From the summer of 1989 to the summer of 2001 I lived in South Carolina. Before moving there I had not heard of the Gullah language and many other things. For the first eight years that I lived there, I read regional histories, old letters, diaries, cookbooks, etc., and took notes. Then I spent the next two years arranging the notes. The result was my Sisters Grimke Book of Days, which was published by Oasis Books (England) in 2003.
Southern Legitimacy Statement:
I’m John Calvin Hughes, son of a son of a preacher chased out of Mississippi for plucking the flock. I’m a southern (if I spell it southren you’ll get it, right?) boy who moved south and found himself surrounded by Yankees. I’m in Orlando. There’s not a hill in sight and the restaurants that specialize in “Real Southern Cooking” put sugar in the cornbread. I’m making my own red eye gravy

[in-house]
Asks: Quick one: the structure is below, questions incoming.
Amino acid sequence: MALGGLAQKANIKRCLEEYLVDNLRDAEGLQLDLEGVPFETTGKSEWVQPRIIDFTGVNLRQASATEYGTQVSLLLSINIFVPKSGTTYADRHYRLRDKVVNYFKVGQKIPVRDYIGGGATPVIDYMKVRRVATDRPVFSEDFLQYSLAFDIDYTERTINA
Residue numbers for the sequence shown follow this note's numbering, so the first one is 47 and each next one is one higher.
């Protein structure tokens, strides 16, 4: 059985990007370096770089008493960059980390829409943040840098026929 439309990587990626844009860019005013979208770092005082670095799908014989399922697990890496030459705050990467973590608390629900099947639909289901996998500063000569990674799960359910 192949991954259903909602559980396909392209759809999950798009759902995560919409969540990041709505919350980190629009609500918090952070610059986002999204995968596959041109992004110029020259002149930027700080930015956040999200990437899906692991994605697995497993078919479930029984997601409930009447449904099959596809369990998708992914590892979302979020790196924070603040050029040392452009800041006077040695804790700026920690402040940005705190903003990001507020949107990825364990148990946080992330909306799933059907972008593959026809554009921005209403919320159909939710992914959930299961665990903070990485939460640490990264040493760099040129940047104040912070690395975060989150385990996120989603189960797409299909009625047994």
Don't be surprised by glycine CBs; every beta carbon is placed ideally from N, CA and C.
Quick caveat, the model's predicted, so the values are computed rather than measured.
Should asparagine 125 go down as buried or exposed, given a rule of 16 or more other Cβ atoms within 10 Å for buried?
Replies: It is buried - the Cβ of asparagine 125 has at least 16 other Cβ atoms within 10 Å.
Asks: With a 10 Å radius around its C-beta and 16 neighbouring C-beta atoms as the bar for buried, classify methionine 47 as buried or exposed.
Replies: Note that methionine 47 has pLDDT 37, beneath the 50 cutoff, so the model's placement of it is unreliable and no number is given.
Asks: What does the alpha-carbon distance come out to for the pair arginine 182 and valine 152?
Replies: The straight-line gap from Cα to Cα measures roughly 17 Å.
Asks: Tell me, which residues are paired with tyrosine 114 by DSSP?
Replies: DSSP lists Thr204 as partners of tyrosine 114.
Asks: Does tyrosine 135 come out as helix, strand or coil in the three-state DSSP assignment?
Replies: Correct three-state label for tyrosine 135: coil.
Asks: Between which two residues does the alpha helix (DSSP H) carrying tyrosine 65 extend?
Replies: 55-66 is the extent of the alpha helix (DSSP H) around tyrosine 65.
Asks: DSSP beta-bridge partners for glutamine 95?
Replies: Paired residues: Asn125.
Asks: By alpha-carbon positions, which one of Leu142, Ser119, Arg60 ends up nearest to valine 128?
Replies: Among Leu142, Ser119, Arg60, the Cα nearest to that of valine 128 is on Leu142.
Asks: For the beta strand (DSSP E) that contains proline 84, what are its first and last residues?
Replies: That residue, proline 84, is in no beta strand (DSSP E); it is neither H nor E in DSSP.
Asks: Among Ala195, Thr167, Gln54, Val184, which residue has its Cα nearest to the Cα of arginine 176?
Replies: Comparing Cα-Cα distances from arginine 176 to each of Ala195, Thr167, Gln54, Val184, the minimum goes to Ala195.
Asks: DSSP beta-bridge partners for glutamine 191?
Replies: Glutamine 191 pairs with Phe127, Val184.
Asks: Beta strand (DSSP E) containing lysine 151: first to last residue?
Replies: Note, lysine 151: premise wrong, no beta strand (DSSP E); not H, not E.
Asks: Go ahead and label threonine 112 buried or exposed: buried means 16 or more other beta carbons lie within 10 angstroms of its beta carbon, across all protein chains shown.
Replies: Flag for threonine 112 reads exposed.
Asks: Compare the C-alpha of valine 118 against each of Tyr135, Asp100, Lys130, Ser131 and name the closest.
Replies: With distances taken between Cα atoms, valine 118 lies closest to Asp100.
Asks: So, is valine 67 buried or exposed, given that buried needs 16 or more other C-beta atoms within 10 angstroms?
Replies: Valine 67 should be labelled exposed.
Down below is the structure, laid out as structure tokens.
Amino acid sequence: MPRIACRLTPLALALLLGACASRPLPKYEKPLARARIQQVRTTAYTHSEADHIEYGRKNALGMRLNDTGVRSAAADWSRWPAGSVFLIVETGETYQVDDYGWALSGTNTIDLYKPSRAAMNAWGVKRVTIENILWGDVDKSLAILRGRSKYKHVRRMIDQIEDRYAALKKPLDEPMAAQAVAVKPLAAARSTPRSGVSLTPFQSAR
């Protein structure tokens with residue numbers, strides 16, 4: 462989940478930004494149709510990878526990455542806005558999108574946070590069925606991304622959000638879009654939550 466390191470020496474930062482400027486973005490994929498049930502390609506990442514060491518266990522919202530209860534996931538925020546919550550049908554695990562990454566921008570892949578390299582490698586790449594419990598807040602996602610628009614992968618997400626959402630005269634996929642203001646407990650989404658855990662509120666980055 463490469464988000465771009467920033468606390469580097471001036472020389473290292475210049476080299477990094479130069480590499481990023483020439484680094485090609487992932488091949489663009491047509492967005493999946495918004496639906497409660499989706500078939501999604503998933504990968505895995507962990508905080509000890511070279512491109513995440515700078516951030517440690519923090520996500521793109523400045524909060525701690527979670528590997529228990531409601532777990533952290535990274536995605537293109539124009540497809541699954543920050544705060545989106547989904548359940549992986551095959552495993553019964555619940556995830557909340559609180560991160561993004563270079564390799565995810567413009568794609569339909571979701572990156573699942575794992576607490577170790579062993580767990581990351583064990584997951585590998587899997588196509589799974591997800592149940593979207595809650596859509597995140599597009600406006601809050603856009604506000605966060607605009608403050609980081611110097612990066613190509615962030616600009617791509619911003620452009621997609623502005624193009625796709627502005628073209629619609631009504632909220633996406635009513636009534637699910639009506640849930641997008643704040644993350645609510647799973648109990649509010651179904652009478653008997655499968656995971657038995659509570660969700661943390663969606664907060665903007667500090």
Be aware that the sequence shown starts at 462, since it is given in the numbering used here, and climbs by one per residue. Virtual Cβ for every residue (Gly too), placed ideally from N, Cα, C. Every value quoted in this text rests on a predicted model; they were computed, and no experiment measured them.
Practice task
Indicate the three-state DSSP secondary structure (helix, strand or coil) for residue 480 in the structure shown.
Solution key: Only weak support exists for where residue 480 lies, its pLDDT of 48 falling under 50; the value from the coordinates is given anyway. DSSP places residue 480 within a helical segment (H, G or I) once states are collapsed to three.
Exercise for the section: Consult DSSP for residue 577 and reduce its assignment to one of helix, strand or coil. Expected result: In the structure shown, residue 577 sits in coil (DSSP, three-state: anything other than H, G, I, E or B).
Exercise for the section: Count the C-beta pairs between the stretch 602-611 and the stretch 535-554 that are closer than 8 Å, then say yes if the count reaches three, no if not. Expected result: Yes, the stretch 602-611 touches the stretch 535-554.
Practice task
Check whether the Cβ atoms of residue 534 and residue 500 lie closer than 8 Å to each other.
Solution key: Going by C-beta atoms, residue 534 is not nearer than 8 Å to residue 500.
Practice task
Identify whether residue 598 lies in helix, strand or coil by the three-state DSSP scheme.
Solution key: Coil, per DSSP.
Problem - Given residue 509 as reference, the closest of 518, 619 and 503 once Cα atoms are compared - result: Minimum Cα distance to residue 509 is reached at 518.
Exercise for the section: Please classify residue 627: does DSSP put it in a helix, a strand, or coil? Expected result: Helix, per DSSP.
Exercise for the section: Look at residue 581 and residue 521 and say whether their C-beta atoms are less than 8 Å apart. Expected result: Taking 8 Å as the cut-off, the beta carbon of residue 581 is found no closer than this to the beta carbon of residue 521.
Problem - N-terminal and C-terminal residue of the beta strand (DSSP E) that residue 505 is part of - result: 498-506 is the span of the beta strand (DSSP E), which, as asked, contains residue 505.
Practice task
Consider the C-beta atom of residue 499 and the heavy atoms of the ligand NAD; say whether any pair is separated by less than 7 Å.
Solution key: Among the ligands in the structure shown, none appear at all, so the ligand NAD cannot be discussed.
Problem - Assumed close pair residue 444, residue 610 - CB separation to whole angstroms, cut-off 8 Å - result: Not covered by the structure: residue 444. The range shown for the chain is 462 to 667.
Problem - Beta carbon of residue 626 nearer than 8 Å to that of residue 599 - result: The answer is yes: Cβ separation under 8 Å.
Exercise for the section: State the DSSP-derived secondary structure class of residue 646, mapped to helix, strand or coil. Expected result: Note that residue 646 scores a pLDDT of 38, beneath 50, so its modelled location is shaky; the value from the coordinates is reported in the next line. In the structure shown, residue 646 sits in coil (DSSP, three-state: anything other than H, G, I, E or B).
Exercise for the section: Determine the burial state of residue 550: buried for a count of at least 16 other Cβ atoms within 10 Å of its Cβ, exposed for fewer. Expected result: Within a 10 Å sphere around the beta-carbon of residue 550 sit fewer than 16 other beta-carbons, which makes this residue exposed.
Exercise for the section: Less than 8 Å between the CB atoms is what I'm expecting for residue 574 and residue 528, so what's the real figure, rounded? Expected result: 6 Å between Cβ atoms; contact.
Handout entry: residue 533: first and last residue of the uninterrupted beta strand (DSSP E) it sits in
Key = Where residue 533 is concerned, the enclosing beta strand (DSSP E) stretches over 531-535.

Southern Legitimacy Statement: I now live in Panama City Beach, Florida and have been living here since 2005. There was also a six year spell here in the 80’s. I was born in NYC, grew up in New Jersey and have lived in NYC, NY State, New Mexico, Maryland, and England, and my first book of poems, One Day Tells its Tale to Another was published in Ireland. Please excuse me for including that last bit but I couldn’t help myself. …This is a fiction submission, originally written for a Surreal South anthology and although they kindly told me it did not make it to the book, it did make it to the later stages of decision-making. Ahem.
SLS: Meg Stivison did indeed move from Brooklyn to North Carolina when her handsome Southern boyfriend proposed, but as far as she knows, he is not actually a changeling.